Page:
Complainants In Land Disputes Advised To Seek Justice In Court

The Akuapim South Police Command has advised complainants involved in land disputes to seek justice in court since the Police do not handle civil matters.

“The Police do not deal with these civil cases, so, complainants are directed to send their cases to court to be settled,” DSP Isaac Quaye, Akuapim South Police Commander told the Ghana News Agency in an interview.

The civil cases involved parties in dispute over the ownership of a property, custody of a child, family misunderstandings or divorce.

He also asked residents who registered their lands between the 1990s and the early 2020s to do it again using the new Global Positioning System (GPS) to ensure ownership authenticity.

"Those who registered under the previous system in the 1990s and early 20s should look through their registration with the GPS to prevent having multiple ownership of lands," he said.

DSP Quaye stated that the paucity of property for sale in the national capital, Accra, has prompted most individuals to acquire land in the Greater Accra region's neighboring areas, such as the Eastern and Central regions.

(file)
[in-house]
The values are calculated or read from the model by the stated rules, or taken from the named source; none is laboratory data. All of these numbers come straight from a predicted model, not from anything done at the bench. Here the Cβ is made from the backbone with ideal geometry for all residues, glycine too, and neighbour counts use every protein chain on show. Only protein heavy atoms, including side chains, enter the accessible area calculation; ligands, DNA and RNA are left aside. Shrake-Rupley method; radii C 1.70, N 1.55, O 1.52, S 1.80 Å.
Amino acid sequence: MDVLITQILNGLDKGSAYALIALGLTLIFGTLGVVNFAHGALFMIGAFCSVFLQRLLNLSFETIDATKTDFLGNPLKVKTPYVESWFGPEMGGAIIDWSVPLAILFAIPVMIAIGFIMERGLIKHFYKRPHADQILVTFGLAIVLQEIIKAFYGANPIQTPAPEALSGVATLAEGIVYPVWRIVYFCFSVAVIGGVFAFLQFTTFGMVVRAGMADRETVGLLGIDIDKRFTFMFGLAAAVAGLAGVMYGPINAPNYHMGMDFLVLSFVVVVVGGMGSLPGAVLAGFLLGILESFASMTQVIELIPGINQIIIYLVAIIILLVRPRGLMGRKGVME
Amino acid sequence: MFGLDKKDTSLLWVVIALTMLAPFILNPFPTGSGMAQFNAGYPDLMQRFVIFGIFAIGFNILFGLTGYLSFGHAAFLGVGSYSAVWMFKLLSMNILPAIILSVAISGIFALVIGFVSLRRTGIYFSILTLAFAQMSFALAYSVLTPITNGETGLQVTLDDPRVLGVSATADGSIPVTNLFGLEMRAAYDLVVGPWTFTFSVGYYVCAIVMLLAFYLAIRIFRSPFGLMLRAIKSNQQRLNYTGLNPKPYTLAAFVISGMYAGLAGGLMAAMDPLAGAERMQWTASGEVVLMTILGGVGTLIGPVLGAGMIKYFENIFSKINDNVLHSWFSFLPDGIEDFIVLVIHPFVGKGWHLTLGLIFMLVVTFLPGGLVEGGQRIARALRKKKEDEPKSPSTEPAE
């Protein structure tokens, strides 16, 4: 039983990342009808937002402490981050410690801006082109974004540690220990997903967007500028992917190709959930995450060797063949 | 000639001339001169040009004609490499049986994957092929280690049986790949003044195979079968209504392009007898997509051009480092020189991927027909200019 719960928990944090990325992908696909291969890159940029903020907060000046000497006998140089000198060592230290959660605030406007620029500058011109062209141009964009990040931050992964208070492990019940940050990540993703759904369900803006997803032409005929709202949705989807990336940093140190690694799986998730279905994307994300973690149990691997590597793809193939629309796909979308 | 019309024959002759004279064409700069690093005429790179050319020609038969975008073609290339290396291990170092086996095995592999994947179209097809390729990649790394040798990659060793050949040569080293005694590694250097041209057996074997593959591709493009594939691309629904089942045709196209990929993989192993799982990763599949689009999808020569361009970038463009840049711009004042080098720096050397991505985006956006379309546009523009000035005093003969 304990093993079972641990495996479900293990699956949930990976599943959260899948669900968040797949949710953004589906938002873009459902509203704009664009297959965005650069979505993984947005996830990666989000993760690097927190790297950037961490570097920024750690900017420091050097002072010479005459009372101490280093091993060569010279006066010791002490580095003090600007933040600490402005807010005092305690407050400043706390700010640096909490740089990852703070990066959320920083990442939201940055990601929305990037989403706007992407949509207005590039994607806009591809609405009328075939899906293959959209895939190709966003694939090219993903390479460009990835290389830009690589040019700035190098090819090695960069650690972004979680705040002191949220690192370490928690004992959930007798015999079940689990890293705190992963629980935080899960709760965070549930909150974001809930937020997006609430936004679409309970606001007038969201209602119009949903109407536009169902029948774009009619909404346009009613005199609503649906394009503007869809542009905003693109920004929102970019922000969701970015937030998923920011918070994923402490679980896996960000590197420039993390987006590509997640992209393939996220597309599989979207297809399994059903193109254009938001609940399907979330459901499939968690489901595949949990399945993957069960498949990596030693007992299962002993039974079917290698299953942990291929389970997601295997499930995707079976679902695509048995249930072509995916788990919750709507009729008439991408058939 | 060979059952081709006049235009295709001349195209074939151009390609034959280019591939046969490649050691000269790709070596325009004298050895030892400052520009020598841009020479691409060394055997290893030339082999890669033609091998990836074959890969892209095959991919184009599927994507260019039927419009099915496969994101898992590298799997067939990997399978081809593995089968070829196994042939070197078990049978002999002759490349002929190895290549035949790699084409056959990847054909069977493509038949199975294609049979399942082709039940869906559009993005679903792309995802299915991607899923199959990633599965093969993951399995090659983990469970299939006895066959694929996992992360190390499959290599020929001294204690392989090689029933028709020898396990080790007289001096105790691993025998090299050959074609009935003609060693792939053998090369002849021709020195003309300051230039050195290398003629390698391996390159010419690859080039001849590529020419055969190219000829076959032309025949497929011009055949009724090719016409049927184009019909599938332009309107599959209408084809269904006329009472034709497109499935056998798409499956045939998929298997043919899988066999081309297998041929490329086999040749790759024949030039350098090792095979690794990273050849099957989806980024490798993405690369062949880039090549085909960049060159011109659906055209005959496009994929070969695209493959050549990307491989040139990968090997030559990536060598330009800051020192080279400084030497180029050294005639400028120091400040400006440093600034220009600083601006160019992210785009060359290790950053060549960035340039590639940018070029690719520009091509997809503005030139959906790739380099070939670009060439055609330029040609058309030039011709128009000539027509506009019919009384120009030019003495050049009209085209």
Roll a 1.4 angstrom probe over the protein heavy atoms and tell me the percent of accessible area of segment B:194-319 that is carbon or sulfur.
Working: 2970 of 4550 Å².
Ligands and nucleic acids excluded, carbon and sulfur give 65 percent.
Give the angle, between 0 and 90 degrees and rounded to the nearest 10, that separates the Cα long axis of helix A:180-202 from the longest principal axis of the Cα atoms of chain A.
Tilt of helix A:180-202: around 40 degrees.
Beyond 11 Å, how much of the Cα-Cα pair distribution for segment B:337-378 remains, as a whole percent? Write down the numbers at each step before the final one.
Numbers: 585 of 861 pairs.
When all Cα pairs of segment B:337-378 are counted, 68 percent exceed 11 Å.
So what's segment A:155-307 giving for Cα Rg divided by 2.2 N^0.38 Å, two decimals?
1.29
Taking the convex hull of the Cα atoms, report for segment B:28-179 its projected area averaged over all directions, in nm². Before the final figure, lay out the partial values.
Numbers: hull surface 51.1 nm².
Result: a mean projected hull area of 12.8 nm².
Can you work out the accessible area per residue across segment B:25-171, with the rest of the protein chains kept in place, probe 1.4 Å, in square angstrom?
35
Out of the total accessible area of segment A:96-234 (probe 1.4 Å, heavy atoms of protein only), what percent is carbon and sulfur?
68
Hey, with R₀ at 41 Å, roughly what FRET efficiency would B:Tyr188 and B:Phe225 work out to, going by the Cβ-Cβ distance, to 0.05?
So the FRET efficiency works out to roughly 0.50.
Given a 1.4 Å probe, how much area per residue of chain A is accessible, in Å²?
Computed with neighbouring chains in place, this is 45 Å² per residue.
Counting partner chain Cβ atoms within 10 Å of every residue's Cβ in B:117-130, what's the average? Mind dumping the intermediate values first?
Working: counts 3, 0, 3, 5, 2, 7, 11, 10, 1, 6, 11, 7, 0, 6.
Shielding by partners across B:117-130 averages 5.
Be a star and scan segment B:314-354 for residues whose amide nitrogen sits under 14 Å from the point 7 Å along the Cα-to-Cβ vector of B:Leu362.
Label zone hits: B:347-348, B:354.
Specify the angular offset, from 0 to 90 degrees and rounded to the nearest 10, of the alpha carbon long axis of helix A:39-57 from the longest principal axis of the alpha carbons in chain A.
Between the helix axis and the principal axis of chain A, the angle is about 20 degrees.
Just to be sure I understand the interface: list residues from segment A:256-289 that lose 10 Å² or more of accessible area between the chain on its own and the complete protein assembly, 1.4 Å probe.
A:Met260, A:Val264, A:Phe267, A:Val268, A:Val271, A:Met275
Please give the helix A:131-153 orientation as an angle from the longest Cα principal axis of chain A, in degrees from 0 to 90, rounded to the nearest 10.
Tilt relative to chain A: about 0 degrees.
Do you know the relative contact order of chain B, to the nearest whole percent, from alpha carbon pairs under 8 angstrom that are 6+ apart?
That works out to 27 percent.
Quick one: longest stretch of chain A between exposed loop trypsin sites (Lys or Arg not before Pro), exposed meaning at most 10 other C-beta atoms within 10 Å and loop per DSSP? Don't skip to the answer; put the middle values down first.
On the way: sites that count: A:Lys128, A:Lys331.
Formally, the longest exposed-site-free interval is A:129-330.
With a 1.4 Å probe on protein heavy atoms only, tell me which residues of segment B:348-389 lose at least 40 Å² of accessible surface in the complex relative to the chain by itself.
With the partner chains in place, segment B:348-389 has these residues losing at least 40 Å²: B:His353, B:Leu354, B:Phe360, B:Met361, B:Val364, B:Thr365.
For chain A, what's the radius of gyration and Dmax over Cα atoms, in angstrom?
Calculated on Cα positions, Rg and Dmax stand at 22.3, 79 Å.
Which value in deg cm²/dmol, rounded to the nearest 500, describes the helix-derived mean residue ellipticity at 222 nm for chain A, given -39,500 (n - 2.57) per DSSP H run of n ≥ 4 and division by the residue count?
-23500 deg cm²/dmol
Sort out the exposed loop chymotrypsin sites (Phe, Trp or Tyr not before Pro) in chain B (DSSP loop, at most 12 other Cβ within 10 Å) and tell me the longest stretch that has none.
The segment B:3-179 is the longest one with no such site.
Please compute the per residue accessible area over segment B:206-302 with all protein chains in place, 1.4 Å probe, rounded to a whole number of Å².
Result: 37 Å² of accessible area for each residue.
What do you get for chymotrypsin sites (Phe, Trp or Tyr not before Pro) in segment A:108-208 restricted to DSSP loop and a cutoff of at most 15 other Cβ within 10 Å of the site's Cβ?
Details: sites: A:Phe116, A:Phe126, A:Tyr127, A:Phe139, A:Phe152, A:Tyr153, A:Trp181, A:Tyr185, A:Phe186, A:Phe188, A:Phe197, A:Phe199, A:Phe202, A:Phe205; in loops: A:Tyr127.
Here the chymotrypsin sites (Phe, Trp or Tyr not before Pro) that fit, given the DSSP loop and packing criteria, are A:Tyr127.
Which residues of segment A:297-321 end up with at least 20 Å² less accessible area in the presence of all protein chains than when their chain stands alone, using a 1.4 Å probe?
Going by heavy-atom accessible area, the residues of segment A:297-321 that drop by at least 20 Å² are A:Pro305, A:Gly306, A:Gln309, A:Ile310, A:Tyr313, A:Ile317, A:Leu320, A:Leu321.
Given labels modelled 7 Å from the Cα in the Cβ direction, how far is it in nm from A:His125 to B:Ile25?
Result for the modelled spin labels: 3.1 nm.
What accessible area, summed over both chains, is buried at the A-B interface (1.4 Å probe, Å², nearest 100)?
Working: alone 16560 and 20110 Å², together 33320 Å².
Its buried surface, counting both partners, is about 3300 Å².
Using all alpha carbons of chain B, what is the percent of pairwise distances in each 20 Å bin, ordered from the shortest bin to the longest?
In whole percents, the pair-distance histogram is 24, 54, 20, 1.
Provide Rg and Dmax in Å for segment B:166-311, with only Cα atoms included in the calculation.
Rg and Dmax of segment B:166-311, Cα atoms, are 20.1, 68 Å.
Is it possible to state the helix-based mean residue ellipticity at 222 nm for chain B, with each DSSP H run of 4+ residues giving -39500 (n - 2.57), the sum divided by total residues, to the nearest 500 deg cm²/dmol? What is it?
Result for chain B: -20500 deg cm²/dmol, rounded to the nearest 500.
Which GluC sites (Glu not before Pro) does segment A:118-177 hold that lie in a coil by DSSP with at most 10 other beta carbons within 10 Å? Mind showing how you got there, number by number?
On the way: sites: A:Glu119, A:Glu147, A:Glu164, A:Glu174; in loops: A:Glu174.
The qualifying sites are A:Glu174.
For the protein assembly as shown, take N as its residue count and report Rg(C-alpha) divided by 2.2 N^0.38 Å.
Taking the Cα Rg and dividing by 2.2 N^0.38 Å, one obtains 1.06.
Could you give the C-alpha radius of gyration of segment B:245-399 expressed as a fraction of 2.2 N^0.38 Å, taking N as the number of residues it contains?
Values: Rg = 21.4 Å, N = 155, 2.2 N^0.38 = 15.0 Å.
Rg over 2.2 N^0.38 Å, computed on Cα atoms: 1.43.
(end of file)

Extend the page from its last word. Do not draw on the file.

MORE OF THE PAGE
This, he observed, has resulted in the acquisition of land twice or even three times by different persons, resulting in a lot of misunderstanding about land ownership in the Akuapim South Municipality.

Accusations of threats of life reported to Police officers, according to DSP Quaye, are frequently accompanied by land dispute issues, motivating complainants to file their cases in court.

Ms Akosua Oye, a resident of Akuapim South Municipality who is in her late 70s, said her land, totaling more than 10 acres, was transferred to a family by “bogus” persons claiming to the landowners.

“I was reported to the police for threat of life,” she said. “However, those who reported me were found to have no case, and I was directed to the court to file my case.”

According to her, the majority of fictitious property owners pose as chiefs and landowners and sell lands to unsuspecting members of the public looking to acquire land.

She, therefore, advised buyers to register their lands via the new land registration system.